circuit boardTo save their blushes, I won’t name them publicly, but I recently encountered atrocious support from our old hosting provider. To give the best service to you we run a dedicated server. For the past three years I’d been very happy with our setup. The server had been reliable and stable, the only downtime being during scheduled maintenance. Admittedly I hadn’t had to ask the company for anything much as everything just worked. However as our picture collection grew (over 11,000 pictures now) we were getting to the point where we needed a larger hard disk on the server.

I contacted the hosting company and was pleased to find that they would fit a new disk for a one-off charge. There was only one slight problem, our server, being an older model, was not compatible with the latest types of disks on the market. Would this be a problem I asked? Not at all was the reply, our engineers will sort everything out. So, a time for the upgrade was agreed (outside office hours so as not to disrupt normal business), and I backed everything up and notified everyone who needed to know.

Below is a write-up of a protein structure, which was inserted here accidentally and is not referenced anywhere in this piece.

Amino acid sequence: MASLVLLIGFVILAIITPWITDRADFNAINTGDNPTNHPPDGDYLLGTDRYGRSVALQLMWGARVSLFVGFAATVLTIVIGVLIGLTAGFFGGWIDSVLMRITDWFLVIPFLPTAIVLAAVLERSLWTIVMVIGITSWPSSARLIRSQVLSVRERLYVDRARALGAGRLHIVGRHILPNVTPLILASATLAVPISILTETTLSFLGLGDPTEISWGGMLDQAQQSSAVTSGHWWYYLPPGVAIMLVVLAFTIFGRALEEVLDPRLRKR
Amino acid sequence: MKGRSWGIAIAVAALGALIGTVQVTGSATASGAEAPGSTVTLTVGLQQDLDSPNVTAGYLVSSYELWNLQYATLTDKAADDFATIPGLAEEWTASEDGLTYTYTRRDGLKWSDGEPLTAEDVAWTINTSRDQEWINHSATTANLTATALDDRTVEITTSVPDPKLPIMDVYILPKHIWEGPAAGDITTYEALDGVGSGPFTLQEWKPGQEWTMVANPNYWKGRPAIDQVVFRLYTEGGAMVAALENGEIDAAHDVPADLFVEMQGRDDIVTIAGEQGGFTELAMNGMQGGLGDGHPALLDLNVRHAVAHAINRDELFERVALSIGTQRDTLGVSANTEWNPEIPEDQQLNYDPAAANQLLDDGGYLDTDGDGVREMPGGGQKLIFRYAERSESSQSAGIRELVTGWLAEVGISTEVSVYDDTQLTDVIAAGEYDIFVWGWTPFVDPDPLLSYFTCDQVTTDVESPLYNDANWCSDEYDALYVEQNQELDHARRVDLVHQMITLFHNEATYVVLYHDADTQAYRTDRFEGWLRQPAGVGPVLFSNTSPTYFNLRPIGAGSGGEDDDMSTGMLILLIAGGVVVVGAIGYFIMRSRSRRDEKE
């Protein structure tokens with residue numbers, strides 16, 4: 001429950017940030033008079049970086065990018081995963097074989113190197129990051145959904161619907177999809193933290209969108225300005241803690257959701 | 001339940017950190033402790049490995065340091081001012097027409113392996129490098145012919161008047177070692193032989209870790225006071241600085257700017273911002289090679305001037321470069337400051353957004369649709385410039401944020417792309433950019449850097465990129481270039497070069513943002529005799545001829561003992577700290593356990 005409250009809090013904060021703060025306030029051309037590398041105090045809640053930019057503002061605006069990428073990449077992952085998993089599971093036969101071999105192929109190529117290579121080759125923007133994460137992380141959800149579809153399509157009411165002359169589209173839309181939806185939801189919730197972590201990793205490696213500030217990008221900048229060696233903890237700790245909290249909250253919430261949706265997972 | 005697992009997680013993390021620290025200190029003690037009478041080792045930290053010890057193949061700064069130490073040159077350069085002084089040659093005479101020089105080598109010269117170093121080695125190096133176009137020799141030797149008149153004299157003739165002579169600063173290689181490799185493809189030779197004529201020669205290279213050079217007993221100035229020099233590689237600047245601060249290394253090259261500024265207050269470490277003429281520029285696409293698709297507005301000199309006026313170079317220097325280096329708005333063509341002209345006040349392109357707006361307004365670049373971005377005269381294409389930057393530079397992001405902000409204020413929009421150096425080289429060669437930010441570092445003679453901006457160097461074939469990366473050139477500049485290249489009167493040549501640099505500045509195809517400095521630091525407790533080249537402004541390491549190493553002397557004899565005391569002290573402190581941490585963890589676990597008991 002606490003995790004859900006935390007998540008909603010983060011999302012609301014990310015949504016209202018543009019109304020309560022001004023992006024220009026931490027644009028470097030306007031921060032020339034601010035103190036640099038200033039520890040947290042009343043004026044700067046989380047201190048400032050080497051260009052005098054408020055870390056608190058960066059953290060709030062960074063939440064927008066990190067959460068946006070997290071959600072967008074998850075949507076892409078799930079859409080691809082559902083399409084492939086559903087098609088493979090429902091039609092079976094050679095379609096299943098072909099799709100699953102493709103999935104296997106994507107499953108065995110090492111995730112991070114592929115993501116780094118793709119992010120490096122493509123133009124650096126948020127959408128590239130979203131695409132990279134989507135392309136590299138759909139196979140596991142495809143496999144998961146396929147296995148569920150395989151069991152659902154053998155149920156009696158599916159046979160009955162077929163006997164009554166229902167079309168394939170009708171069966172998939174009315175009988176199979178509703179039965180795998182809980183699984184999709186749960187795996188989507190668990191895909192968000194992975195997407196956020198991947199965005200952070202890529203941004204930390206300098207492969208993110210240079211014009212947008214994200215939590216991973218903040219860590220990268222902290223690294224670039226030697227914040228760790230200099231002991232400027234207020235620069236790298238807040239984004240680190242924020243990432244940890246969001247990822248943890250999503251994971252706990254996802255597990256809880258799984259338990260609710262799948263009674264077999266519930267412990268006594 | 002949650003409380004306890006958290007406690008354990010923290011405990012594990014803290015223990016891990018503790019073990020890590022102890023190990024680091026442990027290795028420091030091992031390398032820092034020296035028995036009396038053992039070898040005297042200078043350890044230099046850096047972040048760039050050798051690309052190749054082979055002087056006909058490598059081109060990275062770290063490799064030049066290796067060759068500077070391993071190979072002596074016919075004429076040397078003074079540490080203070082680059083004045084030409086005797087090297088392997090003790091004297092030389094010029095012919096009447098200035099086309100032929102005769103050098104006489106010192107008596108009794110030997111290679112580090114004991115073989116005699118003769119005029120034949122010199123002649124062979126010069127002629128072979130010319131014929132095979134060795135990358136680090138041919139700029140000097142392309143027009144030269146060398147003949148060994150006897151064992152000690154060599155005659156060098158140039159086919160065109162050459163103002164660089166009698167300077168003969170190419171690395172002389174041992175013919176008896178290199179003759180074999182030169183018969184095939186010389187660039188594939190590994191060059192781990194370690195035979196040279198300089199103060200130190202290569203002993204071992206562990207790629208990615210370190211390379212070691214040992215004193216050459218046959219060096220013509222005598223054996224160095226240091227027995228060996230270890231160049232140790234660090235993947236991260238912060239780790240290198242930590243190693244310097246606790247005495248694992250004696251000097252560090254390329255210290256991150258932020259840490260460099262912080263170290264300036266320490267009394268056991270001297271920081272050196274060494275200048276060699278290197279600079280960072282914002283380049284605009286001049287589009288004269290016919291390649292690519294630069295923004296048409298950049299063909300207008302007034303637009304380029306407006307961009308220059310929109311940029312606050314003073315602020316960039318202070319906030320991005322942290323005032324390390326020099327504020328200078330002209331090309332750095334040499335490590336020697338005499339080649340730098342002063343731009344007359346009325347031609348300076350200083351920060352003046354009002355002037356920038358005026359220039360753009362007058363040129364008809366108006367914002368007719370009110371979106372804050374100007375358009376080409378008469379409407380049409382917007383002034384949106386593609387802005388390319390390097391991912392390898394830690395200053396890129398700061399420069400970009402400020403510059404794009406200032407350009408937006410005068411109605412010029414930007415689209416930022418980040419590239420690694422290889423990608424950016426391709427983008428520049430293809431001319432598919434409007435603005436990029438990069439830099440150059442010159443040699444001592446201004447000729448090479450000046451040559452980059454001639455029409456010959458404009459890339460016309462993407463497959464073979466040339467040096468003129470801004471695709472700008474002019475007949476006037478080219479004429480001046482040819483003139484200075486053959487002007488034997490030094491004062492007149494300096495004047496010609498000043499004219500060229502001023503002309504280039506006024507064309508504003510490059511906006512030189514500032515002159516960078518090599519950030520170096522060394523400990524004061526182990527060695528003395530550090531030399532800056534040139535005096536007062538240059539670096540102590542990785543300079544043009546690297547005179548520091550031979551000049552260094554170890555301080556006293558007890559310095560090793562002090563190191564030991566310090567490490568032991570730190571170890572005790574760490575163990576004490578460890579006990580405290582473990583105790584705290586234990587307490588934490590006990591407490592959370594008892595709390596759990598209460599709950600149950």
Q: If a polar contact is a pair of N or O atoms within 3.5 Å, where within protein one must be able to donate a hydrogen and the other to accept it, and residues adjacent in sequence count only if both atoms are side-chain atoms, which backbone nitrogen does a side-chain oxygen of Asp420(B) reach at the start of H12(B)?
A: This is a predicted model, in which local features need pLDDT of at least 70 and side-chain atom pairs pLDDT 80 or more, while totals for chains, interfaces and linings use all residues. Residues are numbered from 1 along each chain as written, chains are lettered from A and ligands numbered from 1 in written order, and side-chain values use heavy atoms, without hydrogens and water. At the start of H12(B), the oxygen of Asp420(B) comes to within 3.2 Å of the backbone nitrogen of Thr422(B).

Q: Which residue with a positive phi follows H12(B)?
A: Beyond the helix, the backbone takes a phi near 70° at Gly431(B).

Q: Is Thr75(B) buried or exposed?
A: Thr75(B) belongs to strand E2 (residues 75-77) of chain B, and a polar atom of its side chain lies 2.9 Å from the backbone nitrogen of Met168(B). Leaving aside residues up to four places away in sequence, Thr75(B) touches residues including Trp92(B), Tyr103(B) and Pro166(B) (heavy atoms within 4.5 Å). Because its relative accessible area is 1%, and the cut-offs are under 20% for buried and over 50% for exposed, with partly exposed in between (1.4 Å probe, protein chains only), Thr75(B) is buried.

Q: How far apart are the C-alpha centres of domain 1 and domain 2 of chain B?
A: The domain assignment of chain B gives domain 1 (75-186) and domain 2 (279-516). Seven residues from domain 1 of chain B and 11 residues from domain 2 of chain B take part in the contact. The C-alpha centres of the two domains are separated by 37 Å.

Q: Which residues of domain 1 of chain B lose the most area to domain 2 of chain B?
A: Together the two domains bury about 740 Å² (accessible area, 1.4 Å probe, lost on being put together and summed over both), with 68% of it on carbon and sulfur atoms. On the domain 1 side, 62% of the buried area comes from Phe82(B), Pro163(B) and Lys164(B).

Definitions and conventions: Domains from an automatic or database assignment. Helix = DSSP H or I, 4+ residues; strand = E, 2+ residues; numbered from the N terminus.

The evening of the upgrade arrived, I arranged to work late, to make sure everything went smoothly. The time for the server to go offline arrived, but nothing happened. Instead I got an email from the hosting company’s engineer tasked with the work. “Unfortunately, your server is not compatible with the disks we use for upgrades”…

To cut a long story short, no upgrade happened. Instead there were weeks of exchanges between myself and the company’s sales department. They said I should go for a new server, I asked what deal they’d give me, no deal was offered. Communication was further complicated by the relevant salesman seemingly not having a full grasp of the technology he was selling. Eventually I’d had enough and looked at other providers in the market.

As things turned out, I was able to get a better server at a lower price than I’d been paying and I have no hesitation in naming our new providers as Poundhost.